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on 29 September 2000
From the pen of one of Australia's finest authors, Schindlewr's Ark is a compelling and powerful novel based on the life and remakable deeds of a roguish businessman with a conscience. A man who takes it upon himself to employ his cunning and tenacity to the full in order to save 1000 jews from the death camps during the war. The research that went into this book is impressive, and the writing as ever, eloquent. The true story is extraordinary in itself; in the hands of Keneally it is gripping. One can't help feeling that it is works of this calibre that help keep the memories of the The Third Reich's innocent victims alive today.
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on 31 May 2008
I don't know how best to represent the Holocaust in popular culture. There is no doubt that the story of Oskar Schindler is a compelling one and Stephen Speilberg did very well with his sincere, though unmistakably Hollywood, take on the subject. I had been looking forward to reading the original `novel' by Thomas Keneally but this really wasn't what I expected. The author had set himself a mighty challenge by converting a true story into a fictional narrative, but I'm afraid it didn't quite work.
Oskar Schindler, a flamboyant, womanising, Sudeten-German businessman and enthusiastic member of the Nazi party, arrives in Cracow with a view to making himself a fortune using cheap Jewish labour. Disillusioned within a very short time by the behaviour of the occupying forces and utterly horrified by the treatment of the Jews he then sets about expanding and protecting his workforce from the excesses with a fidelity woefully lacking in his treatment of his wife. At great personal risk - he was arrested three times - he uses his undoubted charm and charisma, his considerable physical presence and courage, extraordinary, almost comical, bravado, palm-greasing, alcohol, endless gifts and bribes, and eventually his whole fortune to save those who became known as the Schindlerjuden - Schindler's Jews. His true motivation is never clear but there is little doubt that his natural rebellious streak, his love of hoodwinking the system and ridiculing the authorities played a considerable role. It is a story of horror, heartbreak and hope.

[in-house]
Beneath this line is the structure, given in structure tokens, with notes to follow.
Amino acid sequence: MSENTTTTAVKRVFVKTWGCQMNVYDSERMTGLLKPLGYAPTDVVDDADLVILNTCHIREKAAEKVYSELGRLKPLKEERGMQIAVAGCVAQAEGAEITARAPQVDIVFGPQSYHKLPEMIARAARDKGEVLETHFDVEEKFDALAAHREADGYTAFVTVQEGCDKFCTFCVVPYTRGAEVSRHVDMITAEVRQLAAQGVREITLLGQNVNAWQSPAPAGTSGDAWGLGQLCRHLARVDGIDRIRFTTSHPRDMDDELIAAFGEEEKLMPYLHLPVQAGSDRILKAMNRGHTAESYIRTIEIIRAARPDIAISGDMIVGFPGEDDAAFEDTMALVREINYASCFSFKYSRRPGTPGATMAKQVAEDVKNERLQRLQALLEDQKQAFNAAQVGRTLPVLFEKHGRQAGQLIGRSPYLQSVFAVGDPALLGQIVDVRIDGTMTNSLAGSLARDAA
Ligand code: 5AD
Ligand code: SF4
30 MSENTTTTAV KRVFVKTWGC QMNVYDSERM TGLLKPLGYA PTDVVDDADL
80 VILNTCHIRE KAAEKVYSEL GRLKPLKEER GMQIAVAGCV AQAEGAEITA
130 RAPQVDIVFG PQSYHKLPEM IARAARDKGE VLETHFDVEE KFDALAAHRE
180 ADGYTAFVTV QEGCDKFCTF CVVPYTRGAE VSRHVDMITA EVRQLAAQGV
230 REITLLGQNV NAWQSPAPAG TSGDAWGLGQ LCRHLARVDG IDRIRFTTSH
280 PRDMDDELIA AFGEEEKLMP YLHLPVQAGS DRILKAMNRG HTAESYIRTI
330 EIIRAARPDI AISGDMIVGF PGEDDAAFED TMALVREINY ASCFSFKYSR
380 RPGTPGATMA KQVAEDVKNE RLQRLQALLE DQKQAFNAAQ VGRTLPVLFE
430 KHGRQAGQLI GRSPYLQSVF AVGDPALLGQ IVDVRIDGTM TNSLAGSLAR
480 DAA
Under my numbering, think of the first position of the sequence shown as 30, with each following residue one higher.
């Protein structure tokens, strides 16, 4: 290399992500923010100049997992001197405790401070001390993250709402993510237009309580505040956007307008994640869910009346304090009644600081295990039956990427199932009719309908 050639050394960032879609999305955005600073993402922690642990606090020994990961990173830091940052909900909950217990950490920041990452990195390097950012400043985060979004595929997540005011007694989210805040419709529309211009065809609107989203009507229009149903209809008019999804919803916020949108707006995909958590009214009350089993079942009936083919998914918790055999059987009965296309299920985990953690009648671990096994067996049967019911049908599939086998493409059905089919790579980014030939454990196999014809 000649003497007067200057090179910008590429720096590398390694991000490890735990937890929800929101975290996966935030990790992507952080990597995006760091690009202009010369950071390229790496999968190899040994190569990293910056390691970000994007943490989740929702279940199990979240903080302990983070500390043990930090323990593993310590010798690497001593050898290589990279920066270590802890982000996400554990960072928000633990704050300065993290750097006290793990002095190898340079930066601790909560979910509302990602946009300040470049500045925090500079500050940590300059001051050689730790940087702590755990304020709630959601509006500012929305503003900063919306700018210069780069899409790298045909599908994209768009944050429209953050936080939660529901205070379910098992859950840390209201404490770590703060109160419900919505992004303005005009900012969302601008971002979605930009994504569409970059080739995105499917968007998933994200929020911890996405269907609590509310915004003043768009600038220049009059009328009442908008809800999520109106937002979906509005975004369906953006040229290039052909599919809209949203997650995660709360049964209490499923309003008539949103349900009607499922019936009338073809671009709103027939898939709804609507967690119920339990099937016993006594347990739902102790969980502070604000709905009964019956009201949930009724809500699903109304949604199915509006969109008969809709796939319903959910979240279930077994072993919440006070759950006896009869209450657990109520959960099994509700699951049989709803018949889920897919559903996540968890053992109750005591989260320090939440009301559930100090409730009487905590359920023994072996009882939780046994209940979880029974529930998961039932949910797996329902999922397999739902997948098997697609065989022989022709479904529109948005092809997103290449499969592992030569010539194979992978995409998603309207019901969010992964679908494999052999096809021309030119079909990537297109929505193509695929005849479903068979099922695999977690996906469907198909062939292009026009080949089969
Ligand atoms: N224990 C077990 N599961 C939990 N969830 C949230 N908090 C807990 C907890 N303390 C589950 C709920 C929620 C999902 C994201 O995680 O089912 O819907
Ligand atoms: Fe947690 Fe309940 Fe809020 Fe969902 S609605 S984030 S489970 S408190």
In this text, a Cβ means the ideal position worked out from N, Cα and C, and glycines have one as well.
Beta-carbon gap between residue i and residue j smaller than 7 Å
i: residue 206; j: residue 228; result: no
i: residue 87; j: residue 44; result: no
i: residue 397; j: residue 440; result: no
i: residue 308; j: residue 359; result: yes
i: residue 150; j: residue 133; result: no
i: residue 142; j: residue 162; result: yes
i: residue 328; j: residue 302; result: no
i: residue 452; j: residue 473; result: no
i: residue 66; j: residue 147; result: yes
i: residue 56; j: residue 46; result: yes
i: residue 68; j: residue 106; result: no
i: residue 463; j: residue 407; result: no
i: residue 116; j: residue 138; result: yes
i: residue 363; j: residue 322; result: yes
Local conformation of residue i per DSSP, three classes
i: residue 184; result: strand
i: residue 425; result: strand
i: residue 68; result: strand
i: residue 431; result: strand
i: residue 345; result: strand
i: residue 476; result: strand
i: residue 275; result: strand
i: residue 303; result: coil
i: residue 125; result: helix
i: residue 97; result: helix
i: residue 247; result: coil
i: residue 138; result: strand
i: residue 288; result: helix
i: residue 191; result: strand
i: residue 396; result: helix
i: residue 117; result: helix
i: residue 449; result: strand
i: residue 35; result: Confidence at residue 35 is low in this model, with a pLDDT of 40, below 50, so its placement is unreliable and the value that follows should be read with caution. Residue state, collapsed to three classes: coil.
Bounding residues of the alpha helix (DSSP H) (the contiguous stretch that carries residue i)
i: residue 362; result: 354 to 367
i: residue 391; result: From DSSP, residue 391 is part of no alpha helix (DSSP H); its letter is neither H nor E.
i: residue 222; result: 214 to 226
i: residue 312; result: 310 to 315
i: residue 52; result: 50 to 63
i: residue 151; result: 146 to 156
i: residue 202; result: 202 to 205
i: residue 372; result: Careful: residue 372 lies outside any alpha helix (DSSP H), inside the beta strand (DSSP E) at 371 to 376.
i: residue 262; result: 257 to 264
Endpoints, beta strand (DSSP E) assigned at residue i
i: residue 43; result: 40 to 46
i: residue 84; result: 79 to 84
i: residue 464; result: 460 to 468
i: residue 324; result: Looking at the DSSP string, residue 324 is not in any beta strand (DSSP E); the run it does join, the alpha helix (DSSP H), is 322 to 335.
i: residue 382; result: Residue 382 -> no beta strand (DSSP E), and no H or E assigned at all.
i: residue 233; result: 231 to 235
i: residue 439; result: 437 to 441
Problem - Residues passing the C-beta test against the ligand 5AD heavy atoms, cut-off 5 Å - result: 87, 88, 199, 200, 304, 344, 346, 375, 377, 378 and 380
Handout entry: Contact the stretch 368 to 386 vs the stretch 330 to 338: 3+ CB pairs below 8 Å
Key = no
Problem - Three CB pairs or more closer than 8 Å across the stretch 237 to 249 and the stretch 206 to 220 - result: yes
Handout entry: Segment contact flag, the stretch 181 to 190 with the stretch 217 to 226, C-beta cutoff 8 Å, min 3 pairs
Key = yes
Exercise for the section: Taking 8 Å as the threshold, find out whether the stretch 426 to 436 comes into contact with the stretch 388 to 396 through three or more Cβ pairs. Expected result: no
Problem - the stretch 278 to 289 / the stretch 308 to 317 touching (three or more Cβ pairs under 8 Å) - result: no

So why didn't the book work? With its endless testimonies, quotes and anecdotes, it read as a dispassionate populist biography on the one hand, but on the other - because it had been fictionalised - the characters lacked psychological depth and seemed fictional. So it wasn't quite up to scratch in either category. It seems that Thomas Keneally did not have the literary skills to pull this off, though it was an extraordinarily difficult task and he should be praised for the attempt. As a literary-minded person I feel my hands trembling as I write `the film is better than the book.' That said, I feel that is definitely worth reading.
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on 19 November 2014
Probably one of the most affecting and influential books I have ever read about the extremes of the best and worst humanity is capable of. Although many people may think they know Schindler's story from Spielberg's remarkable film, the original novel also fills in some of the bits that couldn't be shown or be added to the film because of length. It is an incredible story of human decency that Schindler, flawed like everyone, had a certain expectation of morality beneath which he would not go. He stood his ground whilst others fell as the true horror of The Final Solution erupted all around him. This is one of the most profound stories to emerge from the Holocaust and should be read as widely as possible. The story of the Holocaust in this book is one of humans, and this brings the human scale to this tragedy.